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Text::PDF::Objind(3)  User Contributed Perl Documentation Text::PDF::Objind(3)

       Text::PDF::Objind - PDF indirect	object reference. Also acts as an
       abstract	superclass for all elements in a PDF file.

       Instance	variables differ from content variables	in that	they all start
       with a space.

	   For an object which is a reference to an object in some source,
	   this	holds the reference to the source object, so that should the
	   reference have to be	de-referenced, then we know where to go	and
	   get the info.

       objnum (R)
	   The object number in	the source (only for object references)

       objgen (R)
	   The object generation in the	source

	   There are other instance variables which are	used by	the parent for
	   file	control.

	   This	marks whether the object is in the free	list and available for
	   re-use as another object elsewhere in the file.

	   Holds a direct reference to the next	free object in the free	list.

       Creates a new indirect object

       Returns a Unique	id for this object, creating one if it didn't have one

       Releases	ALL of the memory used by this indirect	object,	and all	of its
       component/child objects.	 This method is	called automatically by
       '"Text::PDF::File->release"' (so	you don't have to call it yourself).

       NOTE, that it is	important that this method get called at some point
       prior to	the actual destruction of the object.  Internally, PDF files
       have an enormous	amount of cross-references and this causes circular
       references within our own internal data structures.  Calling
       '"release()"' forces these circular references to be cleaned up and the
       entire internal data structure purged.

       Developer note: As part of the brute-force cleanup done here, this
       method will throw a warning message whenever unexpected key values are
       found within the	"Text::PDF::Objind" object.  This is done to help
       ensure that unexpected and unfreed values are brought to	your
       attention, so you can bug us to keep the	module updated properly;
       otherwise the potential for memory leaks	due to dangling	circular
       references will exist.

       Returns the val of this object or reads the object and then returns its

       Note that all direct subclasses *must* make their own versions of this
       subroutine otherwise we could be	in for a very deep loop!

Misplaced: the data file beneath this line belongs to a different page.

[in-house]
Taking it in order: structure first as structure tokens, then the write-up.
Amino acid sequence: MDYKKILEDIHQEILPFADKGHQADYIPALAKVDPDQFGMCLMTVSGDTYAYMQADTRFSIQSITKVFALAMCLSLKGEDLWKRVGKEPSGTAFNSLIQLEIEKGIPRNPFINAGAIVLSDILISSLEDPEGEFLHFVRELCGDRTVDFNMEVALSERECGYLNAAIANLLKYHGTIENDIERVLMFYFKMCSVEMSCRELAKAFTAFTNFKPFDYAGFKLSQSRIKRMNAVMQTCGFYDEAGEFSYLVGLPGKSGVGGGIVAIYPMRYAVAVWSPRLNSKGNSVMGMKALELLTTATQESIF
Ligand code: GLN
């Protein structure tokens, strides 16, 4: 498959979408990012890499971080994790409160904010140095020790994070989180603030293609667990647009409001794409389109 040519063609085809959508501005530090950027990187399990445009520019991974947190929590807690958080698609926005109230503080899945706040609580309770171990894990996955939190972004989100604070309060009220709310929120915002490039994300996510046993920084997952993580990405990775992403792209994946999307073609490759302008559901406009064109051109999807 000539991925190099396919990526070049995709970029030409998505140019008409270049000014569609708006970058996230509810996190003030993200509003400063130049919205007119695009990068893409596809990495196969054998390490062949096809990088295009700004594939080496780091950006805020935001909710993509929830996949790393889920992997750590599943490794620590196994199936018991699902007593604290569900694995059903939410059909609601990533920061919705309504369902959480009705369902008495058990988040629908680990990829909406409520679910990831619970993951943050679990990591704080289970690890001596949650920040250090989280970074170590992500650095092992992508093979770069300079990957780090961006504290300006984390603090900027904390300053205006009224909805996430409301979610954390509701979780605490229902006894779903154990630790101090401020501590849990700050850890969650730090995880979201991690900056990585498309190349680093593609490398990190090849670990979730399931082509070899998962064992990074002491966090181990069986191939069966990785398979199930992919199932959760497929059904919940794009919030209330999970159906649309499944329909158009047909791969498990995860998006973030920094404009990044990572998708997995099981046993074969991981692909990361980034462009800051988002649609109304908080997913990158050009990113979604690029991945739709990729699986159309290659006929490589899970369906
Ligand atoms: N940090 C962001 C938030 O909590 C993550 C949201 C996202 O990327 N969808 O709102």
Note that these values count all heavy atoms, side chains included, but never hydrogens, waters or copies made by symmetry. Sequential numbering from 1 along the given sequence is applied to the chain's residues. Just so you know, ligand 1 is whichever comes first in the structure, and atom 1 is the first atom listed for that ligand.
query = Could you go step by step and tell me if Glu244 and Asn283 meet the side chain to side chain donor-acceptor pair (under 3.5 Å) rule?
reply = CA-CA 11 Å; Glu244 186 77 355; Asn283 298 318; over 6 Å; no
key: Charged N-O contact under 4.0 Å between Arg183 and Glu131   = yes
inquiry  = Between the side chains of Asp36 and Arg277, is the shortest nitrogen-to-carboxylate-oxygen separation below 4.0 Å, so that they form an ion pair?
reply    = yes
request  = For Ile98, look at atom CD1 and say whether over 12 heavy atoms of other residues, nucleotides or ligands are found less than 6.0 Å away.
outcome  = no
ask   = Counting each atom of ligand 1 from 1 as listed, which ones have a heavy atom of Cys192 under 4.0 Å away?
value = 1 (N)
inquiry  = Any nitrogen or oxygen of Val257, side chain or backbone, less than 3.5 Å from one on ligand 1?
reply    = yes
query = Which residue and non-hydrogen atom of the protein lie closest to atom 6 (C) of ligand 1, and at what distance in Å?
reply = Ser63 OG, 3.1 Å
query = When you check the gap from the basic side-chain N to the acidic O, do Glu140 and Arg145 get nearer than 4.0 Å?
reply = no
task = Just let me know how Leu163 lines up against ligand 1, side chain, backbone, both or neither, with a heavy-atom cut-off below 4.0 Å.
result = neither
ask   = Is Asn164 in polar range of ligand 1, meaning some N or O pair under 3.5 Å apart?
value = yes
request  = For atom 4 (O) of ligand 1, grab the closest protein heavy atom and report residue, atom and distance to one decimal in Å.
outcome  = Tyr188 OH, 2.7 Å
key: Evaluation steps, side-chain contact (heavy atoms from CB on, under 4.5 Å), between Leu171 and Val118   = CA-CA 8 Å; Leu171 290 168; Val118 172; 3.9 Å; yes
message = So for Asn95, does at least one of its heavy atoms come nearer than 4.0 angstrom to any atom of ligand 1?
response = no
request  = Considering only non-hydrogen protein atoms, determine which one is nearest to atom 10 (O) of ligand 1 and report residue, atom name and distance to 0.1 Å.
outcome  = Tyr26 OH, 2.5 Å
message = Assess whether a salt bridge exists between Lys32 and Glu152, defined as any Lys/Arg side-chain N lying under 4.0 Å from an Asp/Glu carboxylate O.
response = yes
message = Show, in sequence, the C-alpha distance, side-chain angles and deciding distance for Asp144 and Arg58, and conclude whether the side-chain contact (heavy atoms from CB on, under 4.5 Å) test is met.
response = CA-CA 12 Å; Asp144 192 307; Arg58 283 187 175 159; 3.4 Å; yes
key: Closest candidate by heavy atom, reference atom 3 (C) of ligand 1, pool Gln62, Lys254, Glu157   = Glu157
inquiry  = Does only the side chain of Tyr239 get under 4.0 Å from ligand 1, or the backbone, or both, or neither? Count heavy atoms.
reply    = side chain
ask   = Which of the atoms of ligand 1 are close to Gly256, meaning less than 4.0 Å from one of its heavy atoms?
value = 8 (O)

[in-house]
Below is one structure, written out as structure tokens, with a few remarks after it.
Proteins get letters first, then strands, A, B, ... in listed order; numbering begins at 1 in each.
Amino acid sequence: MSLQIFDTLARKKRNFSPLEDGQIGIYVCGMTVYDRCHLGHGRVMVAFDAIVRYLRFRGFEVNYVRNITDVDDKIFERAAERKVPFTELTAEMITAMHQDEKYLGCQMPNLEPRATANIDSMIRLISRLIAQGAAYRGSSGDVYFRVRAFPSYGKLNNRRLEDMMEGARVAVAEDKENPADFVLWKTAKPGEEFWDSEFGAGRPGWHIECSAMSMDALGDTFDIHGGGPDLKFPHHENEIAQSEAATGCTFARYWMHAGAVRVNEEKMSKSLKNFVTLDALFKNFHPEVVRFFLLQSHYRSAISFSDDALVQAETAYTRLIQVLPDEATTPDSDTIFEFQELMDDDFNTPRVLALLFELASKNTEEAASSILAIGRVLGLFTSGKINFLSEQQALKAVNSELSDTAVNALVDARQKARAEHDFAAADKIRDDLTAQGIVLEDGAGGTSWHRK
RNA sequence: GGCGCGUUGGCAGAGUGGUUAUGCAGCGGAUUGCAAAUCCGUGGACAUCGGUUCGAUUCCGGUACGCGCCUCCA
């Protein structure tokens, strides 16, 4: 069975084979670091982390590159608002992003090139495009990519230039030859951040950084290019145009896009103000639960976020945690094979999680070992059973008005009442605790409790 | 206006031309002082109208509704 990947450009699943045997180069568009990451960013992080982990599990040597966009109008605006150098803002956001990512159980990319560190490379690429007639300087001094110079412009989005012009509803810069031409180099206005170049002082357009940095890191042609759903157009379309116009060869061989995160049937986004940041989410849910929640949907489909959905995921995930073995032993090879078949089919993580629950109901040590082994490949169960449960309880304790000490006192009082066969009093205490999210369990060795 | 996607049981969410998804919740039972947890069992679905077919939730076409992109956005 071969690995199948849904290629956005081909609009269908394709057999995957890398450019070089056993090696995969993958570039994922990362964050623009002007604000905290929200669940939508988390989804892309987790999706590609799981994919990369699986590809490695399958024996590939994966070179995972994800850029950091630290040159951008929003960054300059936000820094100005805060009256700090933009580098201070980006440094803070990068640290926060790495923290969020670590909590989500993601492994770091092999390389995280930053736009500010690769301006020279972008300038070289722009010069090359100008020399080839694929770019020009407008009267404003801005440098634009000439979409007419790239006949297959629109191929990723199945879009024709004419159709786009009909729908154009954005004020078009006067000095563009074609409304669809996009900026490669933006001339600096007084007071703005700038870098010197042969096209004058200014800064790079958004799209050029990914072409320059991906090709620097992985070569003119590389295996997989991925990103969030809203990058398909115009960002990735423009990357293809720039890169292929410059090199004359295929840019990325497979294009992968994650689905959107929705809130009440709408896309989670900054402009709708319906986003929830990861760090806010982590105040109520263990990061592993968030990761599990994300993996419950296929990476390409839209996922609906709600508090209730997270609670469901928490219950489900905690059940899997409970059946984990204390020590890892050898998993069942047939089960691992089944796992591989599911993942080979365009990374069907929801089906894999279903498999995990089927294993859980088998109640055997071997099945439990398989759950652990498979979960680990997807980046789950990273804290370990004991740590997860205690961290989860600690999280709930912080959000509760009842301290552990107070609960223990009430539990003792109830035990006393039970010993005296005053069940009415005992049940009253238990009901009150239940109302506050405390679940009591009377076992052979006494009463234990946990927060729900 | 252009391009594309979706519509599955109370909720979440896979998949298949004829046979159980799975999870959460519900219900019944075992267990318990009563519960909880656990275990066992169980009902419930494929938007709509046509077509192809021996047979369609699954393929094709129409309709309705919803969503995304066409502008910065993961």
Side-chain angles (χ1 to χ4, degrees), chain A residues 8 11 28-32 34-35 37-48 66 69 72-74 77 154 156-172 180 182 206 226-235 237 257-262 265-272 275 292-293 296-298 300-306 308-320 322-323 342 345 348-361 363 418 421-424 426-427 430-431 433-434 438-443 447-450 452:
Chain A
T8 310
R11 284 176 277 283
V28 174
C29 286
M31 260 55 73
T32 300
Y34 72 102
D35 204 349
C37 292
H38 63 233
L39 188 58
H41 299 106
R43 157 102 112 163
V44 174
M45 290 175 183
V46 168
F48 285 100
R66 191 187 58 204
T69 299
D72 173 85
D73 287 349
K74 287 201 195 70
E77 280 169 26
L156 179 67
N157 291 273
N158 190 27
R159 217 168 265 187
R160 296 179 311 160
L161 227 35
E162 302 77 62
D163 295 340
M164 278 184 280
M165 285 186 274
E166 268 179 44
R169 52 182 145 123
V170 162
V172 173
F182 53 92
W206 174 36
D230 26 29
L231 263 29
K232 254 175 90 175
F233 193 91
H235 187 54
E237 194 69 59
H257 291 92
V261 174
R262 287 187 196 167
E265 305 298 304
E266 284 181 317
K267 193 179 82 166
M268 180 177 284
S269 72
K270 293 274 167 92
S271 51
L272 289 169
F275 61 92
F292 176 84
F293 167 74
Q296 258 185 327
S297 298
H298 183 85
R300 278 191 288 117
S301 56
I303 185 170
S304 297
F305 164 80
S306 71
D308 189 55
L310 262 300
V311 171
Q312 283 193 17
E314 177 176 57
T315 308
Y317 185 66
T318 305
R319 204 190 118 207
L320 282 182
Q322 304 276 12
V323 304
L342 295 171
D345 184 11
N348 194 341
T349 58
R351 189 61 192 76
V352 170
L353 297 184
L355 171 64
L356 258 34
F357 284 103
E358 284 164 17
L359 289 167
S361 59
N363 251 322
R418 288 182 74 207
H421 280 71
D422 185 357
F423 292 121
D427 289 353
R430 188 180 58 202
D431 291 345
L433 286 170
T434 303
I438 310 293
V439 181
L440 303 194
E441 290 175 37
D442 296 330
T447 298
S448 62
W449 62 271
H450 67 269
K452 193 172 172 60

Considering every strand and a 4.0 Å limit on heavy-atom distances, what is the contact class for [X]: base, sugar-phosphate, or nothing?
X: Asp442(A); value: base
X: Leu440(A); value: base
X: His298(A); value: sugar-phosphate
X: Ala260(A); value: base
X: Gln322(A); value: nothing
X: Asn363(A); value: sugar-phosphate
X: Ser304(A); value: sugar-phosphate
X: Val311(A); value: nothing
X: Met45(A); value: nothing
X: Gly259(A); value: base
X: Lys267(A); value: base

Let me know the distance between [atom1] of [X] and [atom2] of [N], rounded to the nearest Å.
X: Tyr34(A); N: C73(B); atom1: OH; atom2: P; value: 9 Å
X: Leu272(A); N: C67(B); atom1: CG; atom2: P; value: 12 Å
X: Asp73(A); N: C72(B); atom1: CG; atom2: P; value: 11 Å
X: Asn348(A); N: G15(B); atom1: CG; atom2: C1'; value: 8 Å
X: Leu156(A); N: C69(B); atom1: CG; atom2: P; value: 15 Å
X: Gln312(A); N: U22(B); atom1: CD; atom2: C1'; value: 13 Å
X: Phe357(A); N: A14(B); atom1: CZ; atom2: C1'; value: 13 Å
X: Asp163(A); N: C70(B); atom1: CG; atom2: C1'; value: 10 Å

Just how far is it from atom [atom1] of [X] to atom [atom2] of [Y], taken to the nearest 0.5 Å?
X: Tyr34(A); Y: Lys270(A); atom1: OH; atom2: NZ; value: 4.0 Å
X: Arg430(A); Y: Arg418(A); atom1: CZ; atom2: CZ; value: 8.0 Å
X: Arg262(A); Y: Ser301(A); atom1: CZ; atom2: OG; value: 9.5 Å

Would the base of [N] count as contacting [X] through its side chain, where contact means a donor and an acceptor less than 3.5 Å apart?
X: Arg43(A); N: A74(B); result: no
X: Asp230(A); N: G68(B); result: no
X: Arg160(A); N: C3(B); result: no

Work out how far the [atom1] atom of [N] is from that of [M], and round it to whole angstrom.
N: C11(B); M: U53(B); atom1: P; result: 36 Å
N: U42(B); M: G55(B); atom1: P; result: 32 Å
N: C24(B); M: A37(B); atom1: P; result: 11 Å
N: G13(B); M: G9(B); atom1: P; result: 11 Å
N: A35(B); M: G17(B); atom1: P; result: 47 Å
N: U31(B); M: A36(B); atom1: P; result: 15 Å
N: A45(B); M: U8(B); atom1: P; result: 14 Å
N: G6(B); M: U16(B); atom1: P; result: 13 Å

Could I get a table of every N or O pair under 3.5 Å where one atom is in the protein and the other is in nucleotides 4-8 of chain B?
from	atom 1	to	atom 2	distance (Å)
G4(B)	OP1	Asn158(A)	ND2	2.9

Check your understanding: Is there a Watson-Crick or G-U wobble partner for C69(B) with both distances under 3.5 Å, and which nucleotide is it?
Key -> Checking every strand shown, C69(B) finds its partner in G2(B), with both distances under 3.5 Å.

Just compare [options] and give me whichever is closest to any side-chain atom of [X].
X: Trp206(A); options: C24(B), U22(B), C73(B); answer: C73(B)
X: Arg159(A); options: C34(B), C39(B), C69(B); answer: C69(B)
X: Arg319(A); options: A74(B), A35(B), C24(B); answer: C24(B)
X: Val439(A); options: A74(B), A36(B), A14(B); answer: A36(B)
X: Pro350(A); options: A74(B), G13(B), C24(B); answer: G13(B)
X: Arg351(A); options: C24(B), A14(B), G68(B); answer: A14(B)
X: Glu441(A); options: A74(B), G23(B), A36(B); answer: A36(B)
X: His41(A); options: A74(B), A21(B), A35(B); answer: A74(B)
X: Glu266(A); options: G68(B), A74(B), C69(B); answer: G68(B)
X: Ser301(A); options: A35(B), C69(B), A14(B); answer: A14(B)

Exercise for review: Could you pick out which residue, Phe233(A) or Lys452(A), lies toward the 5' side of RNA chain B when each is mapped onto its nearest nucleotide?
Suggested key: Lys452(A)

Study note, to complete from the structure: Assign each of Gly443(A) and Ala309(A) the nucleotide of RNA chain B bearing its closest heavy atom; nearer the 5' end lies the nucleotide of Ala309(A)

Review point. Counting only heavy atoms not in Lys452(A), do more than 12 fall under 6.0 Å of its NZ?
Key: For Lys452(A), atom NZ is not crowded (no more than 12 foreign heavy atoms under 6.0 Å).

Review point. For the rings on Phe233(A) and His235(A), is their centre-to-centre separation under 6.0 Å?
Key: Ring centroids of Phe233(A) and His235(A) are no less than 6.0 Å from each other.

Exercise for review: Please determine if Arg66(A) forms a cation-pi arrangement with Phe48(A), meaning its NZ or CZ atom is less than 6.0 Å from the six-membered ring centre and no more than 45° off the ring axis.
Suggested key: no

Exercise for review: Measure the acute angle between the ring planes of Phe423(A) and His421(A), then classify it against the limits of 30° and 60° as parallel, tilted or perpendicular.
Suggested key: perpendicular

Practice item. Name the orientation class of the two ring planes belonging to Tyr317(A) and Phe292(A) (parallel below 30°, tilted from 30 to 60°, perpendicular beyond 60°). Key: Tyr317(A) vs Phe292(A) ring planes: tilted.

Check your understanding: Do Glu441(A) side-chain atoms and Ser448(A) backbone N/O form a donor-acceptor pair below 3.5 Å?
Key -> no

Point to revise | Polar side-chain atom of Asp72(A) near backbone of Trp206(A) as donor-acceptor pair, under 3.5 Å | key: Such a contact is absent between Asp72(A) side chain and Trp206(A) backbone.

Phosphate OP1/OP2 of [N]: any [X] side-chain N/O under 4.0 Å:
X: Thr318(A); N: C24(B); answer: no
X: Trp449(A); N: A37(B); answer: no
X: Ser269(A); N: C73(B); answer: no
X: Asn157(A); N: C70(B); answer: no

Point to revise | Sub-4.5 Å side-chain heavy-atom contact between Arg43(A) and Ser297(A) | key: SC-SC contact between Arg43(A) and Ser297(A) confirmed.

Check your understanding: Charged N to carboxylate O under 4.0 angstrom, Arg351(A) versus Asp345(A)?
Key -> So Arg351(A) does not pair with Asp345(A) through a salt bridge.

Makes sure that the object is fully read	in, etc.

   $r->outobjdeep($fh, $pdf)
       If you really want to output this object, then you must need to read it
       first.  This also means that all	direct subclasses must subclass	this
       method or loop forever!

       If this is a full object	then outputs a reference to the	object,
       otherwise calls outobjdeep to output the	contents of the	object at this

       Abstract	superclass function filler. Returns self here but should
       return something	more useful if an array.

       Empties all content from	this object to free up memory or to be read to
       pass the	object into the	free list. Simplistically undefs all instance
       variables other than object number and generation.

       This merges content information into an object reference	place-holder.
       This occurs when	an object reference is read before the object
       definition and the information in the read data needs to	be merged into
       the object place-holder

       Returns whether this object is a	full object with its own object	number
       or whether it is	purely a sub-object. $pdf indicates which output file
       we are concerned	that the object	is an object in.

   $r->copy($inpdf, $res, $unique, $outpdf, %opts)
       Returns a new copy of this object.

       $inpdf gives the	source pdf object for the object to be copied. $outpdf
       gives the target	pdf for	the object to be copied	into. $outpdf may be
       undefined. $res may be defined in which case the	object is copied into
       that object. $unique controls recursion.	if $unique is non zero then
       new objects are always created and recursion always occurs. But each
       time recursion occurs, $unique is incremented. Thus is $unique starts
       with a negative value it	is possible to stop the	recursion at a certain
       depth. Of course	for a positive value of	$unique, recursion always

       If $unique is 0 then recursion only occurs if $outpdf is	not the	same
       as $inpdf. In this case,	a cache	is held	in $outpdf to see whether a
       previous	copy of	the same object	has been made. If so, then that
       previous	copy is	returned otherwise a new object	is made	and added to
       the cache and recursed into.

       Objects that are	full objects with their	own id numbers are
       correspondingly full objects in the output pdf.

perl v5.32.1			  2016-08-04		  Text::PDF::Objind(3)


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